Kyle comes well-recommended from our very own permanent writer, Mei
In an industry full of female icons flooding the music industry at this present time, making a name for yourself is certainly a tough ask for any wannabe music star. Enter Terra Naomi, a budding singer/ songwriter whose YouTube success culminated in the release of her debut album, ‘Under the Influence’, in 2007.
Compared to artists including Sarah McLachlan and Alanis Morissette for her smooth, yet unique style, Terra found fame on YouTube for her melody, ‘Say it’s Possible’. This later won the award for YouTube’s Music Video of the Year. Inspired by Al Gore’s ‘An Inconvenient Truth’, this acoustic number shows what her music is about, lyrics inspired by her feelings, ideas, and philosophies in life. For example, ‘This love could be something beautiful, combine our love into something wonderful. But times are tough I know’ – shadowing her concerns about global warming in this case.
With more than 4 million views to the video alone (let alone the dozens of other videos available on her YouTube channel), the demand for Terra Naomi resulted in a mainstream album being a probability. In 2007, that idea became a reality when ‘Under the Influence’ was released, with her signature song from YouTube being song one on the Album – No doubt a thank you to the people who got her to where she was at in her music career.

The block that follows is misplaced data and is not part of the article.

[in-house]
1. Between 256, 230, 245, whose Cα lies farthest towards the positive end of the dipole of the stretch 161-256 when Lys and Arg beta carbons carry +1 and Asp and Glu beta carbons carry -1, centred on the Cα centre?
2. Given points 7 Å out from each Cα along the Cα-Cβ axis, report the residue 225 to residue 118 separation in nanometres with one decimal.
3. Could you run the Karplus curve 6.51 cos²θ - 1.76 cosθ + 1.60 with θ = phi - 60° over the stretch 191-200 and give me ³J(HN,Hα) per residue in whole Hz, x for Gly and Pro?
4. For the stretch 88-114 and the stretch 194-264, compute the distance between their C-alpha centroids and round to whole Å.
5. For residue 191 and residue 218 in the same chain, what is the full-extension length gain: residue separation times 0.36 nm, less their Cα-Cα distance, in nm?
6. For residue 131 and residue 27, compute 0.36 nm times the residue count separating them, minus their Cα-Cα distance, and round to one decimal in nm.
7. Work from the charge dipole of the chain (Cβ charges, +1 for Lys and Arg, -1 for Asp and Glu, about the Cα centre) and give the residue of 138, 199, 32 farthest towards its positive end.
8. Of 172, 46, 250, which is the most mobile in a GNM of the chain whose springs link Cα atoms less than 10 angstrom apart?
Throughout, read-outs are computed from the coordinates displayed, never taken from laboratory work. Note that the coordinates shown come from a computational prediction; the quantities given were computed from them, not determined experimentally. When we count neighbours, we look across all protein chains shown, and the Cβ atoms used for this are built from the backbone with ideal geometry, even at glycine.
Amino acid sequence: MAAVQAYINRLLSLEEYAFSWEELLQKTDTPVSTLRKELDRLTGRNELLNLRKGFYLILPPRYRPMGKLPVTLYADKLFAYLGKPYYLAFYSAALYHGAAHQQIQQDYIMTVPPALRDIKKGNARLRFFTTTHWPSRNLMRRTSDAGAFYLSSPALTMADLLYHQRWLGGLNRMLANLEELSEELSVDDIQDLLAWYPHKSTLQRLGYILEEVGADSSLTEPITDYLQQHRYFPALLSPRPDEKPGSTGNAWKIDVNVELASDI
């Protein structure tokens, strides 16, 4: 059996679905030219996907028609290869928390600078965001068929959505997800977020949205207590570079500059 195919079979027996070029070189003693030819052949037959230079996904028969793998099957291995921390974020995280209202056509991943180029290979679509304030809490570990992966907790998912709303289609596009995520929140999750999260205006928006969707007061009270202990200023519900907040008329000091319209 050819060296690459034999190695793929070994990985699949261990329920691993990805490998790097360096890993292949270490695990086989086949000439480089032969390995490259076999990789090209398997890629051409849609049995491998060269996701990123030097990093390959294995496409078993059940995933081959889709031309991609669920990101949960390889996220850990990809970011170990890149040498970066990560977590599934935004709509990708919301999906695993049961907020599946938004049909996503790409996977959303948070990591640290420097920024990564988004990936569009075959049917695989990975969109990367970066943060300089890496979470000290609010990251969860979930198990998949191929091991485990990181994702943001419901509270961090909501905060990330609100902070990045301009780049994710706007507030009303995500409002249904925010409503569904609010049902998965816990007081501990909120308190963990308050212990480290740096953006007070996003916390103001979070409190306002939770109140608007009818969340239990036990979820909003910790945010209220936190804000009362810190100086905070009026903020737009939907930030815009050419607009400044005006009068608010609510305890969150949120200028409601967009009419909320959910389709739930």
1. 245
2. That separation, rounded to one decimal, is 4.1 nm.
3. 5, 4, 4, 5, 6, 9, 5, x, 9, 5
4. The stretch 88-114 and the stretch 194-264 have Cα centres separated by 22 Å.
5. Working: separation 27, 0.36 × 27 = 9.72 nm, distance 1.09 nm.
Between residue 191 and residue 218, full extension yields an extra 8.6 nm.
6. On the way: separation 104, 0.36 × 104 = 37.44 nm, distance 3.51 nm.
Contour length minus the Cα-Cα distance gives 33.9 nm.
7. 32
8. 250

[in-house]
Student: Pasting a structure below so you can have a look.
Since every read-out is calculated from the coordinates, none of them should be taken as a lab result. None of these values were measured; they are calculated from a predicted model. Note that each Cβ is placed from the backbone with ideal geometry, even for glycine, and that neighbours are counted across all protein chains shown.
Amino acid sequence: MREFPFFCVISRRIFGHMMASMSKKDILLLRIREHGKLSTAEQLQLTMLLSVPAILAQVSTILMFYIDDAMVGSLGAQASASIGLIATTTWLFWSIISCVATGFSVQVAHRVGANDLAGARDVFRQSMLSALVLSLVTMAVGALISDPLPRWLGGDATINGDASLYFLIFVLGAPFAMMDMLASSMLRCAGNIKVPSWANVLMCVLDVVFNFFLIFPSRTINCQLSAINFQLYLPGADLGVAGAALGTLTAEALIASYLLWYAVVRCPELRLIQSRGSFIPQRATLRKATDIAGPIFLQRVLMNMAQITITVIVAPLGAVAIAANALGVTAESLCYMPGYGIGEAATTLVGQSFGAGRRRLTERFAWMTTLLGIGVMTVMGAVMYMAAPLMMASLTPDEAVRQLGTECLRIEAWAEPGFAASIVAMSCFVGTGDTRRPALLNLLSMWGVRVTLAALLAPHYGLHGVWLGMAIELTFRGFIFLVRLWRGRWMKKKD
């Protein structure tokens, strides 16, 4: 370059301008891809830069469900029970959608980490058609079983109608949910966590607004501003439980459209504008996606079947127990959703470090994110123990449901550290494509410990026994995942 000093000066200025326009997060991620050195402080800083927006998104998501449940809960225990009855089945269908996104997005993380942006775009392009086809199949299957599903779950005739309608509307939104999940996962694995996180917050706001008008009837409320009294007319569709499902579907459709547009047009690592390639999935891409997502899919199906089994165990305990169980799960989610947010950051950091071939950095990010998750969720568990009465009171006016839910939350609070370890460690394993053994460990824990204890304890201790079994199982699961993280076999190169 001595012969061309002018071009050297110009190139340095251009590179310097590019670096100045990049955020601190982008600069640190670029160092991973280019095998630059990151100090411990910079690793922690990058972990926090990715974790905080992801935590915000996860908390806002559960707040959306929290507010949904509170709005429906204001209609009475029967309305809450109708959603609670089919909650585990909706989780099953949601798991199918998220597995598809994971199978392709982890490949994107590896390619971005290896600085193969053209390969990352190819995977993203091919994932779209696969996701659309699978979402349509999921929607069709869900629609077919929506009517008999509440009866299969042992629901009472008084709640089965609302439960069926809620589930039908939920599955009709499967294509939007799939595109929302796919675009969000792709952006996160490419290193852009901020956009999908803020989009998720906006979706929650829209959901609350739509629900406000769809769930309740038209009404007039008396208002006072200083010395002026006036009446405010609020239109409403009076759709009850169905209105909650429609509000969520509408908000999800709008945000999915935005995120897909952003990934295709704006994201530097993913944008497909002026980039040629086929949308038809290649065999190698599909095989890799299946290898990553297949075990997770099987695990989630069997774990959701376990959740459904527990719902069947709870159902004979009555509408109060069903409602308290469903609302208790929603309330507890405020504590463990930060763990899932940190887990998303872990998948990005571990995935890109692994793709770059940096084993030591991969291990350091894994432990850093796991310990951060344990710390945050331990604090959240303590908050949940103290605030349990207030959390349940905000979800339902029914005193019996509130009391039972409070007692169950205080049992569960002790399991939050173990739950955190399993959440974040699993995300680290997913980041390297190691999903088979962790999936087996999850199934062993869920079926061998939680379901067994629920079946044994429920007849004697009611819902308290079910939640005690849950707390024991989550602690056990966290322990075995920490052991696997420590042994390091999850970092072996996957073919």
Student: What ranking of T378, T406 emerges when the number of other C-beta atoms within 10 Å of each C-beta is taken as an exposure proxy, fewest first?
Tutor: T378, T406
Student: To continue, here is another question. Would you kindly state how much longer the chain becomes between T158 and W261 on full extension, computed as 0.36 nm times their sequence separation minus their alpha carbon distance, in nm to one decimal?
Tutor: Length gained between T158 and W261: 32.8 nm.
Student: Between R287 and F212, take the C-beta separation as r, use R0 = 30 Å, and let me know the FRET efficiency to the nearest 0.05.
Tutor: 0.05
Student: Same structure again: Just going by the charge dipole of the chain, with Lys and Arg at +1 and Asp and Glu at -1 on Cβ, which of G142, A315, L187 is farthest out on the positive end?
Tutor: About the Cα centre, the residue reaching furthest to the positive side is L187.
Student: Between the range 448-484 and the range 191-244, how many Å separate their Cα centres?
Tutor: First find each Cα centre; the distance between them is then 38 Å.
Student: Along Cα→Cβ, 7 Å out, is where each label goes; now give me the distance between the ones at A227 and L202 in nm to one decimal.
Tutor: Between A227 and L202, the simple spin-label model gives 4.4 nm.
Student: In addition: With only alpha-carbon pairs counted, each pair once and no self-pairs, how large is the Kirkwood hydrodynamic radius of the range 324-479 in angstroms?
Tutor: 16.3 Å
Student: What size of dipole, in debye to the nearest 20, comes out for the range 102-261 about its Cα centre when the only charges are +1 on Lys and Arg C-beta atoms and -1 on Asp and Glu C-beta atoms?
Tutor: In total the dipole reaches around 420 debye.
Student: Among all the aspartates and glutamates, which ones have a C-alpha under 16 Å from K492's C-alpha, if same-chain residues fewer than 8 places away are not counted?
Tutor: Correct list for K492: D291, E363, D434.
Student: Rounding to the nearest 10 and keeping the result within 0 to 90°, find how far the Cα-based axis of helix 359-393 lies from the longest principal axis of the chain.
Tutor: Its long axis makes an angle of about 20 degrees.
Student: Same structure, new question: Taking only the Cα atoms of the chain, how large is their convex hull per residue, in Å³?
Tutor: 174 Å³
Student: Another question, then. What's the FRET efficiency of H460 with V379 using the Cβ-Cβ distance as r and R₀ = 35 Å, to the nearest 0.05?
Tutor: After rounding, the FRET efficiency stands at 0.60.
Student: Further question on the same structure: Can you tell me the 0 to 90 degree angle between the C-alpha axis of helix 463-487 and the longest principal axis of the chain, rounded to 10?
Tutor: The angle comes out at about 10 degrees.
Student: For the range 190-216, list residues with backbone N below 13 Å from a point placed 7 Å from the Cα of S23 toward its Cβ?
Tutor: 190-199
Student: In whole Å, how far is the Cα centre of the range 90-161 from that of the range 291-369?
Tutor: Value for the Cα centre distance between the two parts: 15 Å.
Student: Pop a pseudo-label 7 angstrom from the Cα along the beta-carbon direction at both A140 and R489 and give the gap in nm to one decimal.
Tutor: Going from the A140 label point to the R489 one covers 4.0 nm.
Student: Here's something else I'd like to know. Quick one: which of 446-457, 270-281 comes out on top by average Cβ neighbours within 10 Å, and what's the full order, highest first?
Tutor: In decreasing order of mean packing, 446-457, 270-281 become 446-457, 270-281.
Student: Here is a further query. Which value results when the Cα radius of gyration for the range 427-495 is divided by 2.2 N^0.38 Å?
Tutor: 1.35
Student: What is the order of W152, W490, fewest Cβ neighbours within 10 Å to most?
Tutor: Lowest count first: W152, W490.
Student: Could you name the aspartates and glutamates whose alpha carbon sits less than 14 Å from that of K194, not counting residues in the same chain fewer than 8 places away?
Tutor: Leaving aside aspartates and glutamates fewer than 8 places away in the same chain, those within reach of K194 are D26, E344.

‘Under the Influence’ received mixed reviews from the music industry. However, instead of comparing Terra’s music to the mainstream music niche, but rather looking at the raw basics of the album; Qualities such as the lyric subjects, pure vocals, as well as the highly underrated instrumental talent that Terra brings makes this album a compelling, yet soothing experience. A particular mention in this part goes to the songs: ‘Up Here’, ‘Never Quite Discussed’ and in particular, ‘Flesh for Bones’.
The clear strength of Terra’s work is without a doubt her lyrical expertise. In addition to her ideology regarding issues regarding climate change, mentioned previously, Terra uses her history as a frequent drug user, or as she puts it, ‘…sticking needles into my arms 15 times a day’, as a powerful message throughout some of her songs on this album. This is particularly the case in the hidden track which finishes of the album. ‘The Vicodin Song’, although not credited on the track list, hits her past issues very hard indeed, including lyrics that includes, ‘… so much sad history described in a ride, and when I told you I was happy I lied, I lied, I lied… and I’ve got a vicodin do you wanna come over… I got a pocket full of pills and not one lover’.
This song is the best of everything that is good about Terra’s music, and indeed is a personal favourite of mine;
Yes, it could be said that Terra’s music hasn’t got a fast upbeat tempo, nor the sex appeal that seems to be an everyday occurrence in today’s music charts. However, for raw music passion- lyrically and instrumentally, Terra Naomi is certainly worth a look. She even adds her own controversial subjects for people to debate.
The best way to sum up Naomi’s work quickly is to do as follows:
Imagine you’re reading, or doing schoolwork, or even wanting general ambient music in the background as the night falls in…
Or maybe having a drink in light autumn sunshine with some friends…
Or having a brisk drive early in the morning…
Whatever the situation is, Terra Naomi is certainly worth your time. You won’t be disappointed!